Columbus police say Officer Ricky Anderson, the cop who shot and killed a Black man in his bed, has retired “in bad standing” upon the investigations into his actions the night of the shooting, per NBC News. His retirement also comes after the young man’s family filed a wrongful death lawsuit against the officers involved.
Officer Ricky Anderson was one of a few cops who went to serve arrest warrants to Donovan Lewis, 20, on misdemeanor charges from a domestic violence incident, per The Columbus Dispatch. The body camera footage shows the officers knocking at the door, being let in by a young man and unleashing a K-9. Anderson then went to the closed bedroom door where the dog had run and opened the door pointing his flashlight and firearm. Within milliseconds of the door opening and Lewis sitting up in his bed, Anderson fired a fatal shot into his abdomen.
Amir Locke also had mere seconds to respond to the Minneapolis SWAT officers who burst through his living room, woke him up from his sleep and shot him after spotting his legally owned firearm. Before anyone speculates if Lewis had a weapon in his hand, it was a vape pen.
Following the shooting, the police chief revised the policy on serving late night warrants by requiring police officers to seek “high-level” permission to serve warrants between 11 p.m. and 6 a.m. Anderson was also placed on leave but now he’s permanently lost his spot on the force.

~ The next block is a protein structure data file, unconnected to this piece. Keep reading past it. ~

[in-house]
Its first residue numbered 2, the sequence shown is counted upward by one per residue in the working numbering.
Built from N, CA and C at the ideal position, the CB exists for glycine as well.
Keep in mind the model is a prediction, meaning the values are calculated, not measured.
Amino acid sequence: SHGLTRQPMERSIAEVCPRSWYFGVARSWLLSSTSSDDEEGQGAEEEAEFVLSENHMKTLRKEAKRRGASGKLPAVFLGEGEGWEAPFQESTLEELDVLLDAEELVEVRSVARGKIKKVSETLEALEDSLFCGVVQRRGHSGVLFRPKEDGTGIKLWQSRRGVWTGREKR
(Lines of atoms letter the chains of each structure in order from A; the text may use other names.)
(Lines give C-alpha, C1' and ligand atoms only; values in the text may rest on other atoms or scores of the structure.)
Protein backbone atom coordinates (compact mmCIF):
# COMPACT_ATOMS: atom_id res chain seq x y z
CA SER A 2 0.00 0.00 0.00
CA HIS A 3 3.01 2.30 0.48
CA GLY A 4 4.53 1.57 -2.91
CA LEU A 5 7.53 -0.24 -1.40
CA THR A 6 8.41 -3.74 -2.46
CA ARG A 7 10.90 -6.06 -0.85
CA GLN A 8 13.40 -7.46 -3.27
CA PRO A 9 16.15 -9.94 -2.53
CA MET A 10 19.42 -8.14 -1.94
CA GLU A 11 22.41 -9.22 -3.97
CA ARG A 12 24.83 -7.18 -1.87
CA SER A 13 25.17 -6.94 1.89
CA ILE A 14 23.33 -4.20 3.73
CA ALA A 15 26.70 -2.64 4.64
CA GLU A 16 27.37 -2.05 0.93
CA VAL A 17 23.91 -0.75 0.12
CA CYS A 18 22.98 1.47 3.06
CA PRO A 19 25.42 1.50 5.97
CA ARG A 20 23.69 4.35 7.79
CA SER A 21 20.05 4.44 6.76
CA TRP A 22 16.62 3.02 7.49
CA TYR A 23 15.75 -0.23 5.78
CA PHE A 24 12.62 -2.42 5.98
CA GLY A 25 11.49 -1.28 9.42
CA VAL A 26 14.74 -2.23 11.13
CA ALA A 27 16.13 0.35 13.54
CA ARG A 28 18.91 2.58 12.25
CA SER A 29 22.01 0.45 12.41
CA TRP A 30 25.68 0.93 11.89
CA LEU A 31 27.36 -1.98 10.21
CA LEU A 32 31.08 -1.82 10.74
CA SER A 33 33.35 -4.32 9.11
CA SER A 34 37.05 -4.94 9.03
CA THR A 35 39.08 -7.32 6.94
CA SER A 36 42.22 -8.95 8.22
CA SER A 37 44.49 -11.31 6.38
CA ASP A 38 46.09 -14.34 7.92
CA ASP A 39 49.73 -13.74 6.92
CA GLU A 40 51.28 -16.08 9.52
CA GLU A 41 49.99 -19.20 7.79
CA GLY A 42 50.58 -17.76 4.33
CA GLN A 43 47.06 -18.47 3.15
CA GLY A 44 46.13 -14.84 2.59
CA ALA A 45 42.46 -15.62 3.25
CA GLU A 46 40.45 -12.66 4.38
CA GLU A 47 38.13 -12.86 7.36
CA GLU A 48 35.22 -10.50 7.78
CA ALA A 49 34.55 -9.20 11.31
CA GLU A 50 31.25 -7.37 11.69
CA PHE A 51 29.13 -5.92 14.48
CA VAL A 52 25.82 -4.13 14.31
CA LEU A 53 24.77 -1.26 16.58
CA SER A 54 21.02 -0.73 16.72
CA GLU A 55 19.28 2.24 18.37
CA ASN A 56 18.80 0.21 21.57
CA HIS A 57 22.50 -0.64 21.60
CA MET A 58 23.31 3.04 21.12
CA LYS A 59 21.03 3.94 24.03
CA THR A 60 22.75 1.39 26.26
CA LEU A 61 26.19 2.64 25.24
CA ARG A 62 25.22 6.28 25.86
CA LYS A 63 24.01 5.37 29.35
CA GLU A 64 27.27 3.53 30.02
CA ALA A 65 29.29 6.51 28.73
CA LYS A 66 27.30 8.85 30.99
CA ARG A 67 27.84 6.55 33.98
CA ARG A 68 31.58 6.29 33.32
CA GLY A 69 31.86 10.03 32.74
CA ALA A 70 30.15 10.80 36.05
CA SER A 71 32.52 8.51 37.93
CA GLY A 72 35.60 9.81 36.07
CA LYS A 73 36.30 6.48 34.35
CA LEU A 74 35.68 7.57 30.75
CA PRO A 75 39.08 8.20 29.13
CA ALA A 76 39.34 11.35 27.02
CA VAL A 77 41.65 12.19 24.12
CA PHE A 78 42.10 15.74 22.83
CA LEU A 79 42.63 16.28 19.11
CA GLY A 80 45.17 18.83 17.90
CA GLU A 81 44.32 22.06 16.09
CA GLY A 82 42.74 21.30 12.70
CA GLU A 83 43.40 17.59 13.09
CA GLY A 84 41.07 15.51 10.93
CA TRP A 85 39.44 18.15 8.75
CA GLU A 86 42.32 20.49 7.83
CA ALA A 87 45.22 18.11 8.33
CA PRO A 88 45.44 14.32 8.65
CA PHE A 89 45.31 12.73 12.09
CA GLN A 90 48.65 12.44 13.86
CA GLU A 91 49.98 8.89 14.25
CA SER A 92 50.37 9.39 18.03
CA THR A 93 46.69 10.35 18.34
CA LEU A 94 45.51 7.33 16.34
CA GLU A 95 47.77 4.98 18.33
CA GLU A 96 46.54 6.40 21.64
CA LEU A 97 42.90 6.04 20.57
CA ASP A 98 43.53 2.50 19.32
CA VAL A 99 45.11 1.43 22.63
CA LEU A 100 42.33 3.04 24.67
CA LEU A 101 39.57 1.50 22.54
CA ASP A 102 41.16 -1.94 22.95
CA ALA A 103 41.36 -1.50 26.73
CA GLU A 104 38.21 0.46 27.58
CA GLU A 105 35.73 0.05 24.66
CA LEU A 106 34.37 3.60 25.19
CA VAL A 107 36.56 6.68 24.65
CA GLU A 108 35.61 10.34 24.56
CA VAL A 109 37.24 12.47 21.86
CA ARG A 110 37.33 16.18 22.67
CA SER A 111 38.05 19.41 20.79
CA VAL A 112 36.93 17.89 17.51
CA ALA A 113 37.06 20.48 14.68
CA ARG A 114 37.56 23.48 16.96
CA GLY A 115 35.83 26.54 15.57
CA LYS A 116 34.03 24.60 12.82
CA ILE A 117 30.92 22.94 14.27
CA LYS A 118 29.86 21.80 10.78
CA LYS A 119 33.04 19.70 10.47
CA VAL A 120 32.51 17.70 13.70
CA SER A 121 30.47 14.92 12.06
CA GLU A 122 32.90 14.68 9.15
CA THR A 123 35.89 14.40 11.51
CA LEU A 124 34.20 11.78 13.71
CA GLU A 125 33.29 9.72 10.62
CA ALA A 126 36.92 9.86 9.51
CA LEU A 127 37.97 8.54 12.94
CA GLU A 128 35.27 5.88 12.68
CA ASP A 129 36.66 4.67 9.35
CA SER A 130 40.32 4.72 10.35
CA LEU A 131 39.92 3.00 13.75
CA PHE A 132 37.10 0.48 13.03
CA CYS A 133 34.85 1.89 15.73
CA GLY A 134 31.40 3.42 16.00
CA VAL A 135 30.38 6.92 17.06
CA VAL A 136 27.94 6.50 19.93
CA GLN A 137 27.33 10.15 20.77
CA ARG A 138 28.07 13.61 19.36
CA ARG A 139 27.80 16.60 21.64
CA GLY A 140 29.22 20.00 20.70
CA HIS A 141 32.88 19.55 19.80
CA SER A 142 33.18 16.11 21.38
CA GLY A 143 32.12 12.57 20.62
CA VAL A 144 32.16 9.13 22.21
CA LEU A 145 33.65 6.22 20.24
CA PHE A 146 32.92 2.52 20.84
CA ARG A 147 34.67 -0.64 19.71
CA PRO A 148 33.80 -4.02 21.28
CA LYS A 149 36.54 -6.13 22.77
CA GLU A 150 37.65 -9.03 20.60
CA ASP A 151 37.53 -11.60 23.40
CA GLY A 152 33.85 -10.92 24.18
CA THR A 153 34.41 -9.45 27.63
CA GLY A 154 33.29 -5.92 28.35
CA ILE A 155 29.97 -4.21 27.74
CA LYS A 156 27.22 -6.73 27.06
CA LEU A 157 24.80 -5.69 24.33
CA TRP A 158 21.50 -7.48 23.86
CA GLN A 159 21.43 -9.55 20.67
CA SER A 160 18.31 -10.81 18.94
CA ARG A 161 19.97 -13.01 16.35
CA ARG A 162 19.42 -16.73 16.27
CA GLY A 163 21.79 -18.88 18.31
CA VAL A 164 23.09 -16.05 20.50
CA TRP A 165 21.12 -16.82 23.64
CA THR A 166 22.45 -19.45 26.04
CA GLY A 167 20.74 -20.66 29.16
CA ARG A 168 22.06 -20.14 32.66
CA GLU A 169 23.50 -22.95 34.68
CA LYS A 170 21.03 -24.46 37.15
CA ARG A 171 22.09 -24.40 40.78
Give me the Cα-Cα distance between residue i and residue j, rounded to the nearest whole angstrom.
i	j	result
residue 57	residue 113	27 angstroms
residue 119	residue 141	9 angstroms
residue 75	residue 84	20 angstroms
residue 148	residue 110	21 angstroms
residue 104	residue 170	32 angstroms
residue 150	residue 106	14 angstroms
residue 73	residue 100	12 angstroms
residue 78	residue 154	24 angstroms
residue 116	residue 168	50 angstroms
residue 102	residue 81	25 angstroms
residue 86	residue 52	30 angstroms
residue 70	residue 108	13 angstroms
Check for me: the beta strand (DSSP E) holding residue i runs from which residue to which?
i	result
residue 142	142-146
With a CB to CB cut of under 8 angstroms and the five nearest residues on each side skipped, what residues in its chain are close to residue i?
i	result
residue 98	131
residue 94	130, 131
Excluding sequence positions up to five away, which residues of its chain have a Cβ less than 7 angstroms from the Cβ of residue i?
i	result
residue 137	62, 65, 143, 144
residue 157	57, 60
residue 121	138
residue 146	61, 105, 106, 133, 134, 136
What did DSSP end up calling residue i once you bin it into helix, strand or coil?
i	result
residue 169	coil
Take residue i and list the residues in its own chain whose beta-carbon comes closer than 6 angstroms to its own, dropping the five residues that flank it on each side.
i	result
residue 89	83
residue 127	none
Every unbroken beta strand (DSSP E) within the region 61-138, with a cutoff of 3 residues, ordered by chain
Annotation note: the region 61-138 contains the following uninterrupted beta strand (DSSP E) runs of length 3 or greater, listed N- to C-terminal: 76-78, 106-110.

Read more from NBC News:
Columbus police said Friday evening that Officer Ricky Anderson “retired in bad standing due to the ongoing criminal and administrative investigations into the death of Donovan Lewis.”
A police department spokesperson told reporters that retirement in bad standing means an officer will receive a pension but cannot retain a gun or police badge after leaving the force. Attorneys for the officer, who had been on the force for three decades, declined comment.
The Franklin County prosecutor’s office has said special prosecutors will review the state attorney general’s investigation and present the case to a grand jury to determine whether charges are warranted. The prosecutors said last month that reviews of use of force by law enforcement can be time-consuming and they sympathized with the frustration of the family, but they were “dedicated to achieving justice in this matter.”
Anderson’s retirement was a “coward” move according to Lewis’ family attorneys who have called for his termination and accused him of violating Lewis’ constitutional rights.
Retiring didn’t turn out to be the easy out it may have seemed because Anderson lost his police badge with the department. From this point, he can either take his pension and give up policing or take his chances hopping to another police department like some crooked cops do.